Professor Simon Kirchin is the Director of the Division of Arts & Humanities. Prior to that he was Dean of the Faculty of Humanities from July 2013.
Simon has completed a long-standing project on thick evaluative concepts. Thick Evaluation was published by OUP in 2017 and was the first OUP philosophy monograph to be open access. An edited collection Thick Concepts was released in 2013, also with OUP. He published a textbook, Metaethics, in 2012 with Palgrave Macmillan.
Simon is also a founding member of SoNG (the Southern Normativity Group), a member of Kent’s Aesthetics Research Centre, and a current member of the Executive Committee of the British Philosophical Association. From 2008 to 2014, he was President of the British Society for Ethical Theory, which is the leading society in the UK for moral philosophy. He co-edits a book series, Bloomsbury Ethics, with Thom Brooks. He also served as Associate Editor of Ethical Theory and Moral Practice, 2007-13.
In 2020, Simon was the local co-organiser of the Joint Session of the Aristotelian Society and Mind Association conference at Kent.
Simon's research interests are mainly in metaethics and normative ethics, although he also has longstanding interests in aesthetics, medical ethics, metaphysics, political philosophy, and epistemology. He is currently starting two research projects: one on money and finance, and one on agreement and disagreement.
Simon supervises a number of postgraduate students, many of whom have gone on to have successful careers in academia and beyond. Recent and current topics include:
- Transhumanism, Boredom and Optimism
- Metaethics, Epistemology and Theology
- Aesthetic Concepts
- Group Agency
- Thick Concepts and the Law
- Ignorance, Responsibility and Blame
- Error Theory, Biology and Care Ethics
- Virtue Ethics and Character
- Moral Particularism.
Simon teaches across a number of philosophical areas, mainly centred on ethics, metaethics and aesthetics, and some figures in the history of philosophy.
Kirchin, S. (2013). II—Simon Kirchin: Evaluation, Normativity and Grounding. Aristotelian Society Supplementary Volume [Online] 87:179-198. Available at: http://dx.doi.org/10.1111/j.1467-8349.2013.00225.x.
I consider the ‘normative relevance’ argument and the idea of grounding. I diagnose why there appears to be a tension between the conclusion that we are tempted to reach and the intuition that the normative is grounded in or by the non-normative. Much of what I say turns on the idea of the normative itself. In short, I think that concentrating on this idea can help us see how the tension arises. My aim is to encourage people to reconceptualize the debate so as to begin to offer additional insight. To that end, I spend some time contrasting normativity with evaluation, and then think how the debate may alter if we run it with the latter. I doubt that doing so will solve any problem, and I suspect that what I say will be controversial anyway. But there is some value to changing matters nonetheless. The idea that runs through this paper is that the whole issue is so complex and deep that we should not narrowly construe it with reference only to normativity.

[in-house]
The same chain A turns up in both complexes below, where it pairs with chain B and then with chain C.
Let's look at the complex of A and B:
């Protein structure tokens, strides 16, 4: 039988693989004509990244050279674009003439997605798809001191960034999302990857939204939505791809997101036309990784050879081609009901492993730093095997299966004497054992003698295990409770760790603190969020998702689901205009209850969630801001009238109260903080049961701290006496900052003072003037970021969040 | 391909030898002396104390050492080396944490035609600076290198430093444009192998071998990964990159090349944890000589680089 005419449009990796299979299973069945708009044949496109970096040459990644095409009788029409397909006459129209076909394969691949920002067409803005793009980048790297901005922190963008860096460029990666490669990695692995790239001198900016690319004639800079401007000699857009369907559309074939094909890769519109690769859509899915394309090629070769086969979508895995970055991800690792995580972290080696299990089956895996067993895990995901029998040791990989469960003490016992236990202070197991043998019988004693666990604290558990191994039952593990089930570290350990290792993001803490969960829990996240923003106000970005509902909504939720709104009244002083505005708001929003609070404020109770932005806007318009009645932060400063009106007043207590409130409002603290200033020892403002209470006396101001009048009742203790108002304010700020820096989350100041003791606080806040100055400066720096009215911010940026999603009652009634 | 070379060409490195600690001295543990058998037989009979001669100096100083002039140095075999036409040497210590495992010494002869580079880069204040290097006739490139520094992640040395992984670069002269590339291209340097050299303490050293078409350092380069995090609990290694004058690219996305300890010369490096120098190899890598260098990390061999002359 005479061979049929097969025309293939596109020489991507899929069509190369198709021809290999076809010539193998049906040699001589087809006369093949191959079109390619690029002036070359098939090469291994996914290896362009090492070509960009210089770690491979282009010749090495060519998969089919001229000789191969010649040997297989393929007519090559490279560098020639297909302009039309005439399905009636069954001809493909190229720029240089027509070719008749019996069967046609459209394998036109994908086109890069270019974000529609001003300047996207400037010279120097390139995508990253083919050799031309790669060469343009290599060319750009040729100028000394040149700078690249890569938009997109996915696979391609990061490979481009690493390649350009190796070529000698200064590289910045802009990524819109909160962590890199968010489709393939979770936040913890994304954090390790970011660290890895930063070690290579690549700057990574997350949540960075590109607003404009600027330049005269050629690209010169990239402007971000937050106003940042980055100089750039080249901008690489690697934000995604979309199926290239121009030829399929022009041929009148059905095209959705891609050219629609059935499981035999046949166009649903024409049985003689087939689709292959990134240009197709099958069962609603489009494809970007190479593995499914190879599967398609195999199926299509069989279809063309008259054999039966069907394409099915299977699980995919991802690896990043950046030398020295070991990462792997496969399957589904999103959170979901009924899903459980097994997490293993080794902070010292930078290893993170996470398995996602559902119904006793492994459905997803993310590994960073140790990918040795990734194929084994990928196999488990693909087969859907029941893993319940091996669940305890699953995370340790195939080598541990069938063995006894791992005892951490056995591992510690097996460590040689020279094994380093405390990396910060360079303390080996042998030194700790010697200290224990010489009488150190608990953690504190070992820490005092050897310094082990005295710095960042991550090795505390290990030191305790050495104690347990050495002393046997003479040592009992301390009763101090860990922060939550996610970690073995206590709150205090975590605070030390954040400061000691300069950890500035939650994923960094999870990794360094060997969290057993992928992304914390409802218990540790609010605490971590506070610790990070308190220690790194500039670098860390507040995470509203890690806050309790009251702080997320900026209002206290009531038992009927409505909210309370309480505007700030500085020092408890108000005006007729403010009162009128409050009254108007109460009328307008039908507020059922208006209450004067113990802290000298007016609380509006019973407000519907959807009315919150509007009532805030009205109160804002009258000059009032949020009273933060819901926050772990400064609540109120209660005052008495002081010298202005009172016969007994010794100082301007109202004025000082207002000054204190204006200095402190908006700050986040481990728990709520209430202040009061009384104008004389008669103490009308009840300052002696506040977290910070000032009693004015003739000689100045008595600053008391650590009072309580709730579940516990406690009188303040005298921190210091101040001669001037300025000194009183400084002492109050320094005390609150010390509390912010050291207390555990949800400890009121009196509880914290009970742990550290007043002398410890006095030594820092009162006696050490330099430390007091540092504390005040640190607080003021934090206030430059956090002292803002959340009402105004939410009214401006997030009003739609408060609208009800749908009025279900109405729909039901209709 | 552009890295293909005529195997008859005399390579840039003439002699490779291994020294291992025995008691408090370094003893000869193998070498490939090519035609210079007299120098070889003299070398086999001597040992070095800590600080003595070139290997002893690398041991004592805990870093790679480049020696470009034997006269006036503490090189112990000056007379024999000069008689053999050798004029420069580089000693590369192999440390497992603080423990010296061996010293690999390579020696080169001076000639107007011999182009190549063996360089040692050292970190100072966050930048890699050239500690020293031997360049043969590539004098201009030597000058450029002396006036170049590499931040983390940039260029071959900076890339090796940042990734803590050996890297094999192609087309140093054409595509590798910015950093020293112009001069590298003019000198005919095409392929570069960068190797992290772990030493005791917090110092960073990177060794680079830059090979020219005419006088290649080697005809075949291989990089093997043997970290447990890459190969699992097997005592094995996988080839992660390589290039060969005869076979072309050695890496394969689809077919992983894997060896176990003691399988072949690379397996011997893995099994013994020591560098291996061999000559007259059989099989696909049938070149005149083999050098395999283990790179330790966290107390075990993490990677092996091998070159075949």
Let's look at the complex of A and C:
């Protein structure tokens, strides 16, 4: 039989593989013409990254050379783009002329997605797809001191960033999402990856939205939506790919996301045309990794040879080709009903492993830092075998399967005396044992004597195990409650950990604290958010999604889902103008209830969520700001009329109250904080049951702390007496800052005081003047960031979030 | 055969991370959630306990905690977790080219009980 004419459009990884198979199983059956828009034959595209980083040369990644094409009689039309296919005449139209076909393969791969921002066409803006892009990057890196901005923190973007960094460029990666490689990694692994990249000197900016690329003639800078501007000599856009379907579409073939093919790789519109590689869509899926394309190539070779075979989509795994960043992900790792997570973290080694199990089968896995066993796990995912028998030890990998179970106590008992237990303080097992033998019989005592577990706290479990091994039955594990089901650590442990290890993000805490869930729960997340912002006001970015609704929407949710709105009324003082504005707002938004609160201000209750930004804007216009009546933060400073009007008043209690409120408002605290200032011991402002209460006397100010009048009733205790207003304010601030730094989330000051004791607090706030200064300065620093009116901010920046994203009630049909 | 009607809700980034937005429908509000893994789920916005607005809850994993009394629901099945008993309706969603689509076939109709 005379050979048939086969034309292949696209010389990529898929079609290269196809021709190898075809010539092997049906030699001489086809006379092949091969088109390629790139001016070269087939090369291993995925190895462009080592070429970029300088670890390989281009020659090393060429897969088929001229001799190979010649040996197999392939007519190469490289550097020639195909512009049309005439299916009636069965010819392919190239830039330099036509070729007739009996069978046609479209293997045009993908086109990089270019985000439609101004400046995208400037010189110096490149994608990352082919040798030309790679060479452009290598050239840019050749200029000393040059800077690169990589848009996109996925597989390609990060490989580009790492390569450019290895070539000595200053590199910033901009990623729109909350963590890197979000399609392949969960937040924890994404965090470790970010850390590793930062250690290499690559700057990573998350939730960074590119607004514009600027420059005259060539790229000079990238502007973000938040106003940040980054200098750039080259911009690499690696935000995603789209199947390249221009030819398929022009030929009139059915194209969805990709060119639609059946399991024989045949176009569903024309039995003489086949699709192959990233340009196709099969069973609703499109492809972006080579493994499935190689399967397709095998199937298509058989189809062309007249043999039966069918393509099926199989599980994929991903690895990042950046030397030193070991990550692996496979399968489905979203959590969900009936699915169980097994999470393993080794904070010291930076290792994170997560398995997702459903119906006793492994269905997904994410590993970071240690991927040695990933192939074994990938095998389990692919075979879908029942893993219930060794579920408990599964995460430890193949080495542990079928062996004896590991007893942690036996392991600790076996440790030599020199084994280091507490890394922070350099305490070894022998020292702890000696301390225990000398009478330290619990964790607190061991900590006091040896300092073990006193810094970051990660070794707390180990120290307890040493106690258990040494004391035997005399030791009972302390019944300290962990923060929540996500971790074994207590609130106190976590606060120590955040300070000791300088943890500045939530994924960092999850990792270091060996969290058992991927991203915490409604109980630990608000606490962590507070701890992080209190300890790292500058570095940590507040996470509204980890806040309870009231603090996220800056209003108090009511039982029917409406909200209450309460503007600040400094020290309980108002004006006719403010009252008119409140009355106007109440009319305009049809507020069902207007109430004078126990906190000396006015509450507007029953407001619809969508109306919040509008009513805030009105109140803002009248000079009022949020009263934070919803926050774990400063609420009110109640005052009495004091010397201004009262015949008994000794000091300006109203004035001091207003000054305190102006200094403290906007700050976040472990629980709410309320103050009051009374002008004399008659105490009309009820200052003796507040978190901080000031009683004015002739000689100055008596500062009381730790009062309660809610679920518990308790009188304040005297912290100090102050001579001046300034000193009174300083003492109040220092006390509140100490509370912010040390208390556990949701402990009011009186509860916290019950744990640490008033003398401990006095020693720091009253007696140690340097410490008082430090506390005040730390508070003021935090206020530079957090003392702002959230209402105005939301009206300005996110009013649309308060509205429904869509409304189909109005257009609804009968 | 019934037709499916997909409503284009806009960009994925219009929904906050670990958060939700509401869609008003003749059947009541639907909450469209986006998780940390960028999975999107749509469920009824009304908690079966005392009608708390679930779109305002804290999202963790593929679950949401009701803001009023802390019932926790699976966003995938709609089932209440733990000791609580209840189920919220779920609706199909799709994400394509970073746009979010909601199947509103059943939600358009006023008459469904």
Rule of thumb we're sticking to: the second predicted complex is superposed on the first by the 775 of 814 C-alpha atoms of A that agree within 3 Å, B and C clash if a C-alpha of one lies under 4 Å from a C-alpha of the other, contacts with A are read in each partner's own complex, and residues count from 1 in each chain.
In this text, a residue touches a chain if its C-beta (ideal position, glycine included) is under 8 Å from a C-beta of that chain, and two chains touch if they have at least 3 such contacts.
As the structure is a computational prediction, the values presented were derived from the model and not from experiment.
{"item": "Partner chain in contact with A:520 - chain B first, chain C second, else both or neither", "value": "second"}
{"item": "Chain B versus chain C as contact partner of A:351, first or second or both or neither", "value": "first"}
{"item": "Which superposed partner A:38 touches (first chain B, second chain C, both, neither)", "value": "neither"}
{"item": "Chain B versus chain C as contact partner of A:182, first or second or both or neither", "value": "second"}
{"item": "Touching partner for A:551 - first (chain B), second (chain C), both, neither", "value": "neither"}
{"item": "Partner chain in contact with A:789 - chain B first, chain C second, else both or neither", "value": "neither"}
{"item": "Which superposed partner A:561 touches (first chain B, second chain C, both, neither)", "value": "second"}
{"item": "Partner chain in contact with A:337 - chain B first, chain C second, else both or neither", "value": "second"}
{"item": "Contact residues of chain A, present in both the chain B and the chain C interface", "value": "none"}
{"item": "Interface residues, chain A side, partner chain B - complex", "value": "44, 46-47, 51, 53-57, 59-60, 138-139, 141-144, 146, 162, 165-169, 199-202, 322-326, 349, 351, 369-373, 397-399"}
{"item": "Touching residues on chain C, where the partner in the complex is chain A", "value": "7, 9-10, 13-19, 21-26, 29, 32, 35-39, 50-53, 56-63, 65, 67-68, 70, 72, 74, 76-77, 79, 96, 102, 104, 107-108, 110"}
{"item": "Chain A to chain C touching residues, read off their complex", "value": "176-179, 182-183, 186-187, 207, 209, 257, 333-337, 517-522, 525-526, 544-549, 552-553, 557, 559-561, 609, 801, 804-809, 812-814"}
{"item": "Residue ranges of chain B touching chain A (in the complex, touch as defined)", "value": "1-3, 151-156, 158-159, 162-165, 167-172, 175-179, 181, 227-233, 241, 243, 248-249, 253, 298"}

Kirchin, S. (2010). The Shapelessness Hypothesis. Philosophers’ Imprint [Online] 10:1-28. Available at: http://www.philosophersimprint.org/.
In this paper I discuss the shapelessnesss hypothesis, which is often referred to and relied on by certain sorts of ethical and evaluative cognitivist, and which they use primarily in arguing against a certain, influential form of noncognitivism. I aim to (i) set out exactly what the hypothesis is; (ii) show that its original and traditional use is left wanting; and (iii) show that there is some rehabilitation on offer that might have a chance of convincing neutrals.
Kirchin, S. and Joyce, R. (2007). Introduction. Ethical Theory and Moral Practice [Online] 10:421-425. Available at: http://www.springerlink.com/content/84667l451270w777/.
Introduction to a co-edited edition of the journal Ethical Theory and Moral Practice, on 'Mackie's Error Theory'. (The papers here, plus others, will appear in a special edited collection in 2009.)
Kirchin, S. (2007). Moral Particularism: An Introduction. Journal of Moral Philosophy [Online] 4:8-15. Available at: http://mpj.sagepub.com/cgi/reprint/4/1/8.
An introduction to a special edition of the Journal of Moral Philosophy on the subject of 'Moral Particularism'. I was the co-editor. The papers were originally given as talks at a conference in Kent in December 2004.